California is a good example of what high renewable generation levels can do to reliability and electricity prices if the weather does not comply. The state wants to be dependent on renewables for 50 percent of its electricity by 2025 and 100 percent by 2045. In 2020, the state was 33 percent dependent on non-hydroelectric renewable energy, mostly wind and solar power, getting most of the rest of its in-state generation from natural gas, hydroelectricity, and nuclear power. The state also imports about 30 percent of its electricity demand from neighboring states.
But, California has been suffering from drought conditions. January, February, and March had the least rain and snow on record for any of these months in California. These three dry months overshadowed gains in precipitation at the end of 2021 when snowpack was above normal levels in December. Snow melted faster than expected, reducing snowpack to just 38 percent of average by April 1, which resulted in the state’s second extreme drought in 10 years.
The Energy Information Administration (EIA) evaluated a scenario where California’s hydroelectric levels would be 48 percent less this summer than under normal conditions. The agency found that with reduced hydroelectric generation, wholesale electricity prices in western U.S. electricity markets would be 5 percent higher and energy-related carbon dioxide emissions in California would be 6 percent higher than when normal water supply conditions are assumed.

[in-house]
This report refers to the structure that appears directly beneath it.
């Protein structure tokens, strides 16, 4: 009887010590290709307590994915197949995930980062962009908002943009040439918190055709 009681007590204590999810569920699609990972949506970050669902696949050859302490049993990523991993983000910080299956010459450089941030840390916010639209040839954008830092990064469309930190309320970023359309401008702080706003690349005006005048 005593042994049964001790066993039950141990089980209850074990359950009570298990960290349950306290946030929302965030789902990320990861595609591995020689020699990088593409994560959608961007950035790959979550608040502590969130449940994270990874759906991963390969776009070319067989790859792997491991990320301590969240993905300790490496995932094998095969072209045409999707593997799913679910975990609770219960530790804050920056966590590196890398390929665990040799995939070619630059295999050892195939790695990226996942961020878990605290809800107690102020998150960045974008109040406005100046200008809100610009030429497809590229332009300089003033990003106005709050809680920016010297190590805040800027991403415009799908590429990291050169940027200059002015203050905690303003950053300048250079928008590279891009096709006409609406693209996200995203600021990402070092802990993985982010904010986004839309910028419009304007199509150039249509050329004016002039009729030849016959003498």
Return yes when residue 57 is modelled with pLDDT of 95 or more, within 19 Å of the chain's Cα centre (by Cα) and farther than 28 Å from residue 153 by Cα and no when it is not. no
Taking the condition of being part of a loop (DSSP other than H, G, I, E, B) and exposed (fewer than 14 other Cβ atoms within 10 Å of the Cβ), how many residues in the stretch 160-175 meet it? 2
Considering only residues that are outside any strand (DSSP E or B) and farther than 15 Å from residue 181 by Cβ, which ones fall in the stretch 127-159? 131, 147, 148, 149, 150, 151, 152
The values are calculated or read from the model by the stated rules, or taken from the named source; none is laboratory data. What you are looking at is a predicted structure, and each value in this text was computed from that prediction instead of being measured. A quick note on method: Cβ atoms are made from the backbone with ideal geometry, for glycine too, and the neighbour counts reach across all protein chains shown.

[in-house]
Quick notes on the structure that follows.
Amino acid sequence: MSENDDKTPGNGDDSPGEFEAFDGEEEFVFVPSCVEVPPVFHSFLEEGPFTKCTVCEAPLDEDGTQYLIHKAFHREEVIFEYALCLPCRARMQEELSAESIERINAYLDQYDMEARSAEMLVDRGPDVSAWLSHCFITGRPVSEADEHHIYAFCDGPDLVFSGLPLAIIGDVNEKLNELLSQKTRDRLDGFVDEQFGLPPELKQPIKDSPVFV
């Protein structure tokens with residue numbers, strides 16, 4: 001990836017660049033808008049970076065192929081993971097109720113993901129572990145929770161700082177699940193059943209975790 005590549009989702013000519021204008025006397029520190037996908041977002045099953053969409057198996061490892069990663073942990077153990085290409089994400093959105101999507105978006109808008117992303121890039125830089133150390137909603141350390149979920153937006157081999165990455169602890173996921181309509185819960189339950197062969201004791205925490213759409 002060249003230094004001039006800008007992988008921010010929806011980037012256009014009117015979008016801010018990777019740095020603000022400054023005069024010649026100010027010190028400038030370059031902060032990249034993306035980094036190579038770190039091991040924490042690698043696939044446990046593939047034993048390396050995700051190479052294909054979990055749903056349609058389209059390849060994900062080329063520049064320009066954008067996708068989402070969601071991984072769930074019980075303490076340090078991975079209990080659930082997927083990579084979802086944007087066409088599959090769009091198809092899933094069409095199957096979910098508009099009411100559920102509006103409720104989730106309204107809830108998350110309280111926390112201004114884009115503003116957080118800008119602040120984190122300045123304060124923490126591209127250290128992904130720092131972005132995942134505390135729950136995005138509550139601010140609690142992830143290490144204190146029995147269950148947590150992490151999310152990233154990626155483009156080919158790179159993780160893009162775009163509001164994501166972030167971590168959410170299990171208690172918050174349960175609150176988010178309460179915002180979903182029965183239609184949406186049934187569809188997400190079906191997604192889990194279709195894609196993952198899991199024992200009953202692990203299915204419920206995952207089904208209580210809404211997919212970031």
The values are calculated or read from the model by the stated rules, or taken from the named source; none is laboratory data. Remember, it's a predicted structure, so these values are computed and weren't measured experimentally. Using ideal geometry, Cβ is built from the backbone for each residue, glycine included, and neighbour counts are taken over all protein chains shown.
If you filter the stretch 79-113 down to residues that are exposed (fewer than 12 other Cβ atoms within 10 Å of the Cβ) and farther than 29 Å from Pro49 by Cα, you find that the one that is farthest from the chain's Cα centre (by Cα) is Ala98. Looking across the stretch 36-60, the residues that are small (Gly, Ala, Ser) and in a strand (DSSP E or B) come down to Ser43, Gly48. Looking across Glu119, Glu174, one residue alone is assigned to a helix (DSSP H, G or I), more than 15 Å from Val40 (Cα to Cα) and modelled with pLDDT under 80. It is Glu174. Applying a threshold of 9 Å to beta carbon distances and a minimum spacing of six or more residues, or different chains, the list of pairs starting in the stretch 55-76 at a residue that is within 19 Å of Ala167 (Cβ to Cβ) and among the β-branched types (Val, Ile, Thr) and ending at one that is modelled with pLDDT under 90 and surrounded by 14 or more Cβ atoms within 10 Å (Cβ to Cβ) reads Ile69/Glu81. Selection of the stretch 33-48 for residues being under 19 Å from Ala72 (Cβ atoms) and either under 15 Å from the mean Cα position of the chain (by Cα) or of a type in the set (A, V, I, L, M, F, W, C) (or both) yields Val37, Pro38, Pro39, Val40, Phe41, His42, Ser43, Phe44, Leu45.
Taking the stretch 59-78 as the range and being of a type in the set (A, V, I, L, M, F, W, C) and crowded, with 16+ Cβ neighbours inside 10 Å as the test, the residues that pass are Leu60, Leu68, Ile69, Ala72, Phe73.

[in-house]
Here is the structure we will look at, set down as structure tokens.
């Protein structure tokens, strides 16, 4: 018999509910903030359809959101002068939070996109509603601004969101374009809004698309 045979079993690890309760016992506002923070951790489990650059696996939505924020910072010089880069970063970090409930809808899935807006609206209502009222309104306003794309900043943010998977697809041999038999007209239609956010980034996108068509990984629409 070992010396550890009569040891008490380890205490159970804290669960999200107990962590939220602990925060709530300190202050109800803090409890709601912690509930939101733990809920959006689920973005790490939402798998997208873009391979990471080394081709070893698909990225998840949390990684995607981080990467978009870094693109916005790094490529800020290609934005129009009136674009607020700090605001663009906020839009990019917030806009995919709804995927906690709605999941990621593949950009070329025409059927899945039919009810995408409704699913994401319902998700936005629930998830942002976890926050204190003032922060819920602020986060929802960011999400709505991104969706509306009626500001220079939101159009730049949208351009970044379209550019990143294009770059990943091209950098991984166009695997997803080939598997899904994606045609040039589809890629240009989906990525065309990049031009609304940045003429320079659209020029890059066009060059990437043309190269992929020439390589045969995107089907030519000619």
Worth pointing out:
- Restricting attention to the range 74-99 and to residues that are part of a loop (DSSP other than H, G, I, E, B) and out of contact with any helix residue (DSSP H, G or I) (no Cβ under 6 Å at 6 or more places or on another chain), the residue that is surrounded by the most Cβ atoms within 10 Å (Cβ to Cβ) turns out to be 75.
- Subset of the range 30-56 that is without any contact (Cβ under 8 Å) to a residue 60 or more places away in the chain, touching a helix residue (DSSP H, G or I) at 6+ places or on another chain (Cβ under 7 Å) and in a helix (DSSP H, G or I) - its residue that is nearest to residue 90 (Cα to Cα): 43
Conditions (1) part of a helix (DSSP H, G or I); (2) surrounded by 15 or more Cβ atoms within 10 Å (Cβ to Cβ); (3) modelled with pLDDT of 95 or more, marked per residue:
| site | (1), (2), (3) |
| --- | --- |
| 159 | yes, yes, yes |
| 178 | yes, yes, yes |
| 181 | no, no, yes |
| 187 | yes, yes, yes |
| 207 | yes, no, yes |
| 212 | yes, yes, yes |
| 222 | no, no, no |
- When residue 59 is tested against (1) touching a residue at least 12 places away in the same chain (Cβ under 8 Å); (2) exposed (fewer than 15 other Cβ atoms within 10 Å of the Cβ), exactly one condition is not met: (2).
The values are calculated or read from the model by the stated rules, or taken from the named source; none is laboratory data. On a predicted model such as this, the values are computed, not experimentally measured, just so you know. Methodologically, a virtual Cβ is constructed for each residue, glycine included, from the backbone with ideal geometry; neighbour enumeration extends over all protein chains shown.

As of April 1, which typically marks the peak of snowpack, California’s snowpack had an equivalent water content of 6.9 inches, which is about 40 percent below the median value from 1991 through 2020. With less snowpack, as temperatures warm in the spring, less snow melts and flows into California’s reservoirs. Using reservoir storage data and inflow data from California state sources, EIA developed hydroelectric generation forecasts for six major California hydropower plants: Trinity, Shasta, Edward C. Hyatt, Colgate, Folsom, and New Melones. The six plants together accounted for 22 percent of California’s hydroelectric generation in the previous five years (2017–21). Using the modeled generation from these plants, the agency estimated California’s overall hydroelectric generation under the two cases.
EIA expects California’s hydroelectric share of the generation mix for June through September 2022 in the drought scenario to be 8 percent of California’s total electricity generation, compared with 15 percent under normal water conditions. In drought conditions, California would have to import more electricity from other markets and use more in-state natural gas-fired generation. The result is the 5 percent increase in wholesale electricity prices and the higher energy-related carbon dioxide emissions mentioned above.
Being dependent on water levels in dams, the sun shining, or the wind blowing means that when these sources are not available, shortages in power generation can result. In that case, other types of generation must be used, which can escalate prices or result in brownouts or blackouts. When California found itself short of energy in the summer of 2020, it wanted to import from its neighboring states. Unfortunately, the heat wave causing California’s power surge also hit its neighboring states, resulting in no excess power from them. California had to employ rolling blackouts. And, it may need to do so again this summer if the drought persists.